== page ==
Mom + 3 = -1

Whenever someone has died, my mother always tells me the same way. Before the words come out of her mouth, I already know what’s coming and my heart jumps as I wonder who it might be.

The news always comes late in the conversation – close to when we get off the phone. She leads in by saying, “Do you mind if I tell you some kind of sad news?” Her tone is always a little apologetic and hesitant.

Whenever I am hit with this combination of three, I know that someone is gone. This time around, it was my cousin’s daughter (which, according to the Internet, is my first cousin, once removed). On December 7, she went to a holiday party and fell off an eighth story balcony.

I was not close to her – in fact, we only met once when I was eight or nine years old and she was a baby. I remember she had blond hair liked the bubbles I blew with my chewing gum. I keep searching online for articles about what happened, but can find nothing.

I wonder who she had grown up to be and what her hopes and dreams were. I want to know more about the void she has left – as if by filling in the details of her presence in this world I can better understand her absence.

Her name was Holly and she was eighteen years old. I only met her once, but I am sad she is gone.


JP is the sandwich maker in this relationship. It can’t be denied, the boy has a talent when it comes to assembling various items between two slices of bread. But with a craving for grilled cheese and pepperoni and with JP buried in his take-home Civil Procedure exam this weekend, I had to pick up the slack somehow.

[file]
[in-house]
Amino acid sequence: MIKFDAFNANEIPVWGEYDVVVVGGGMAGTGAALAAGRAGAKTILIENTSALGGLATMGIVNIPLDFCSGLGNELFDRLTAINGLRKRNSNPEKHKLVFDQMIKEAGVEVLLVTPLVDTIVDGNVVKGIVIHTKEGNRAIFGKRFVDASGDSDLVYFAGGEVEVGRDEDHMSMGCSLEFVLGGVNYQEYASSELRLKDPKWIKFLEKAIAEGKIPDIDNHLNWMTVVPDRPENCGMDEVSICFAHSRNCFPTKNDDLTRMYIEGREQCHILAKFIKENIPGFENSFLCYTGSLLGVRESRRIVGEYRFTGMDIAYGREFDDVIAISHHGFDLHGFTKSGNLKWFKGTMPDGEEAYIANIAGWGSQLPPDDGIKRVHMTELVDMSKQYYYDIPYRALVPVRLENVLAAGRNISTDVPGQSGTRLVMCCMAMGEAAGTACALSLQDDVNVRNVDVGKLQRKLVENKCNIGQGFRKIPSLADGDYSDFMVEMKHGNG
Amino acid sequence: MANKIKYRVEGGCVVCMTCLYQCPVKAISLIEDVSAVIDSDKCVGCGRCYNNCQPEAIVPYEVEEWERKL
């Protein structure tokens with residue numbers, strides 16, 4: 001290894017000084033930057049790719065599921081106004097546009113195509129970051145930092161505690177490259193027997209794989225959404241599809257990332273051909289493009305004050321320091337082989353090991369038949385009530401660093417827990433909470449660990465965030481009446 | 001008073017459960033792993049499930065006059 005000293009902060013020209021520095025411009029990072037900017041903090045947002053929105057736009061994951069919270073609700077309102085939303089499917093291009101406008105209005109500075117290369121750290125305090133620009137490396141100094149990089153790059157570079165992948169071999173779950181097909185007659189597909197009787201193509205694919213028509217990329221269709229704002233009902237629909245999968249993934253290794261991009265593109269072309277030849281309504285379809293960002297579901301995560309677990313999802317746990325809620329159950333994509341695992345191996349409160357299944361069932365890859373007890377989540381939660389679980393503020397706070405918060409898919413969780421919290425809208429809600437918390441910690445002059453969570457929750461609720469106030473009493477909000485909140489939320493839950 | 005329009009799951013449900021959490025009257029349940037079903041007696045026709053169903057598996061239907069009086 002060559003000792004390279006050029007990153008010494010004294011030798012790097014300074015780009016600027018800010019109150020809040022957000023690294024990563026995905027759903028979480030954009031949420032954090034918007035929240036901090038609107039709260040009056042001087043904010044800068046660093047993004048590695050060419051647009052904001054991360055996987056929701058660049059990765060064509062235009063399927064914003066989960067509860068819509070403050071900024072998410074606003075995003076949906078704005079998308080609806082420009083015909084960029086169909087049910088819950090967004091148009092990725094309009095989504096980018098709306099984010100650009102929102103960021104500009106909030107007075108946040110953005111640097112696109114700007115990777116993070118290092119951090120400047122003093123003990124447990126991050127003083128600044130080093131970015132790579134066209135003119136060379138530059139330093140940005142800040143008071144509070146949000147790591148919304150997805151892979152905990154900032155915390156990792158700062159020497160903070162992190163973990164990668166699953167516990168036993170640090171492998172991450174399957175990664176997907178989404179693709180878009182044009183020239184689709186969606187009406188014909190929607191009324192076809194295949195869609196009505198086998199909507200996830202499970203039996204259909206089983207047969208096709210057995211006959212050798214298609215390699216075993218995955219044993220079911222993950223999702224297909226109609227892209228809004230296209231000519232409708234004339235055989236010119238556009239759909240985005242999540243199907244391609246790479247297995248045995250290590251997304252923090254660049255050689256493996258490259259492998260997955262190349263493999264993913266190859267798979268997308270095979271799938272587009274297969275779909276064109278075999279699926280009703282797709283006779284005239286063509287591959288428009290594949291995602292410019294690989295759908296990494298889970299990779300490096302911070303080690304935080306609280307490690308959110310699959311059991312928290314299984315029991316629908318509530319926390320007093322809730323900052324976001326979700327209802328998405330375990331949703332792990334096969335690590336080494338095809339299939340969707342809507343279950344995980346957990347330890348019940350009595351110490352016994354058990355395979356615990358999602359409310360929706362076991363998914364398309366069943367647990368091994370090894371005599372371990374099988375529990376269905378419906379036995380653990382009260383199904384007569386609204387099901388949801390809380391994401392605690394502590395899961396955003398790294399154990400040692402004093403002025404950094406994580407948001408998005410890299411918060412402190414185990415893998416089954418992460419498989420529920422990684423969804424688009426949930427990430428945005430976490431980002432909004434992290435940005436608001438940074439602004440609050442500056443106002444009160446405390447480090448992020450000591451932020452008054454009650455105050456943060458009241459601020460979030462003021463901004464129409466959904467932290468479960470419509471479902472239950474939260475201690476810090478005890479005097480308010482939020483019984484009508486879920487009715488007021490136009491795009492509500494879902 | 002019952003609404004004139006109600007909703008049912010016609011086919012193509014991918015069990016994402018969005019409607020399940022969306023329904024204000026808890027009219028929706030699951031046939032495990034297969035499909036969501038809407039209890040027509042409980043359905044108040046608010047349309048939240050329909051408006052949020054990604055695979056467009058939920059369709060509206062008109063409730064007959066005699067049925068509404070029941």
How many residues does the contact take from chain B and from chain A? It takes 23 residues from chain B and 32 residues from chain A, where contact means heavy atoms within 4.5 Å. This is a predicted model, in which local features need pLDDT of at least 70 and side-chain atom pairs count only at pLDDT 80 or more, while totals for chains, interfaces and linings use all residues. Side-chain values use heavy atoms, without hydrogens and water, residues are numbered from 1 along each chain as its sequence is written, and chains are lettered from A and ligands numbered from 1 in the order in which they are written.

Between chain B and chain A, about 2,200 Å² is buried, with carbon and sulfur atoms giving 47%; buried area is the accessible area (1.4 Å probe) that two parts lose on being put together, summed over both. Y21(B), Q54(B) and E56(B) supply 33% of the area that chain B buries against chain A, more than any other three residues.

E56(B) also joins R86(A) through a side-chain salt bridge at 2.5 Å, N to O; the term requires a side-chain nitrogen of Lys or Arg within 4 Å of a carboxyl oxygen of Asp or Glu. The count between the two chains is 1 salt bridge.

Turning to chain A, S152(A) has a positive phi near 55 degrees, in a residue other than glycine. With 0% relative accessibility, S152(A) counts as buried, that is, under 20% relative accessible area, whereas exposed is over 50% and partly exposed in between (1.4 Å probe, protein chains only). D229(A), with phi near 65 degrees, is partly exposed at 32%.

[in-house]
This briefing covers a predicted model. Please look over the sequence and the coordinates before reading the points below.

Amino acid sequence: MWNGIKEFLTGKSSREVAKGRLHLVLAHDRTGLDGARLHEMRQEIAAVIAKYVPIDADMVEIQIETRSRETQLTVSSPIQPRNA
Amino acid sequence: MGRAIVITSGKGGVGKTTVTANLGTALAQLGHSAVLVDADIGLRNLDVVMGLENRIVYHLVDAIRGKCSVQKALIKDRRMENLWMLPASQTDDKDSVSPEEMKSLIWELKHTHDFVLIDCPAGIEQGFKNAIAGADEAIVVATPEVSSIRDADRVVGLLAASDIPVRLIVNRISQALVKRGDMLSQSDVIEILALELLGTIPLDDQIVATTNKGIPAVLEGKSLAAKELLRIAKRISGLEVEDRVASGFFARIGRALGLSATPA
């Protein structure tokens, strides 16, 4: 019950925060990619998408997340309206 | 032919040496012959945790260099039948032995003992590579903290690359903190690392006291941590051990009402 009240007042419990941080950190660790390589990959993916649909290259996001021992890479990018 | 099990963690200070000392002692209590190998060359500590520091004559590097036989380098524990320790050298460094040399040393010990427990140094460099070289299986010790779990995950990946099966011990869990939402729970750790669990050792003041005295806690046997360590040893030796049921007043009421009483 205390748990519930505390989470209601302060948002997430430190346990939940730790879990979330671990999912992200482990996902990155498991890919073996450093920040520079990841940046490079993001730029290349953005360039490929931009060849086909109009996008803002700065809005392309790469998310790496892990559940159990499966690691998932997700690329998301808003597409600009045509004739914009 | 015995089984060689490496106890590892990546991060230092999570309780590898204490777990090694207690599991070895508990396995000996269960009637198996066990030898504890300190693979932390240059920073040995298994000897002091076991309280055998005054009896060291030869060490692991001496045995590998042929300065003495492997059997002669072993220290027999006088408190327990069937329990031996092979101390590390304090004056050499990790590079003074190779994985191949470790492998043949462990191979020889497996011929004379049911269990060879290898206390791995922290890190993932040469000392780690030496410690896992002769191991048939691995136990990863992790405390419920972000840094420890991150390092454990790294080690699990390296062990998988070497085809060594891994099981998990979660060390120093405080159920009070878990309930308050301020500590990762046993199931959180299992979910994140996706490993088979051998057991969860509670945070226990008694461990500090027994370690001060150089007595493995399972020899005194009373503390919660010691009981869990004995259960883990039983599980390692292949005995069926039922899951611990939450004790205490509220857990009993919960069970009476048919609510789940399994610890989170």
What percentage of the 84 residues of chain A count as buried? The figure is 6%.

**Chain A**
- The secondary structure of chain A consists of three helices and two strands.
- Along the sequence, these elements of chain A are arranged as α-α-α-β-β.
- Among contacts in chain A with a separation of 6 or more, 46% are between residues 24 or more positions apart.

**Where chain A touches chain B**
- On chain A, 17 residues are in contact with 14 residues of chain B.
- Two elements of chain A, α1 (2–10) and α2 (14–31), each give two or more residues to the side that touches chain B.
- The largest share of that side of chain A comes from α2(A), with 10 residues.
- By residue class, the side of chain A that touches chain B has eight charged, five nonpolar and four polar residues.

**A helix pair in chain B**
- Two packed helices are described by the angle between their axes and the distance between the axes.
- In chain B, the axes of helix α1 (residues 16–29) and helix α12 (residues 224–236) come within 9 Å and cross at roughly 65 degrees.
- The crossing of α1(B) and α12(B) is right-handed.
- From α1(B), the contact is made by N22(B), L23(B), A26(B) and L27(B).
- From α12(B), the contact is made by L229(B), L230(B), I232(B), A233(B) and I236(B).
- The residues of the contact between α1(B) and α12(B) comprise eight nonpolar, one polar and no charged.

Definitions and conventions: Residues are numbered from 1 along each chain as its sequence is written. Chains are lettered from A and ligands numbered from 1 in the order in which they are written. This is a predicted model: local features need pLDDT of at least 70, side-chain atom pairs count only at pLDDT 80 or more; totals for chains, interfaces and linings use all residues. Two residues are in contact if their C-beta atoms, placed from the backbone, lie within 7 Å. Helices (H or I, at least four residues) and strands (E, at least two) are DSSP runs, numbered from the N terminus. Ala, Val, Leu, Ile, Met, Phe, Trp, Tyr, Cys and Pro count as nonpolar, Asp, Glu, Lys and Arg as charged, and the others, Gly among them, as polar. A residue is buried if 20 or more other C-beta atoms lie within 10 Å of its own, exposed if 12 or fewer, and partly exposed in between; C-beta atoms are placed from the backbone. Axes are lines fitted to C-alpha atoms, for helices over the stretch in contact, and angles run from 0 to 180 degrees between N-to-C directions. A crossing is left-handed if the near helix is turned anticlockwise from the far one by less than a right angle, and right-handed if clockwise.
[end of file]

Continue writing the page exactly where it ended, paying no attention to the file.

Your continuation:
Like any good couple, we compromised: With some verbal guidance on proportions, I buttered the bread, sliced the cheese, got out the mustard and the plates and heated the skillet. He swooped into the kitchen and quickly worked his assembly and grilling magic. The end product was delicious.

BUT – oh my goodness, I never know how much butter and cheese he puts in these things! I think we each had a tablespoon of butter on our sandwich, not to mention 2-3 ounces of cheese! It is no wonder that (a) I love these sandwiches so much and (b) I weigh what I do. I’m not sure I’ll be so quick to have these for dinner in the future.

Forget about the colby jack and the premium pepperoni, it turns out that the most important ingredient in these sandwiches was ignorance.

I am for shit when it comes to time management. Case in point: I just decided to bake a quick loaf of banana bread before going to bed. No problem – I breeze through the first steps and it takes me no more than 10 minutes to throw together the batter.

I scroll down on the recipe.

One hour to bake. Nooo! I have to get up in six hours as it is!


JP has his first Law School Exam tomorrow afternoon. Property. It’s one of the subjects that he really likes, so I suppose it’s as good a one to start with as any. [It’s also the class in which adverse possession is taught!]

JP has been holed up in the house since classes ended last week. This evening we popped by a neighbor’s house to sing her Happy Birthday and eat some delicious cake. It was the first time he’s interacted with anyone other than me in a few days and it showed.

Nothing awful – the jokes were off, the comments were perhaps a little weird, oh – and he almost palm-whalloped a friend in the forehead when she went in for the hug because he read it as an incoming high five. Amazing.


Good luck tomorrow, JP! I am sure you will do great. Just remember: Notorious, hostile, and continuous. Or something.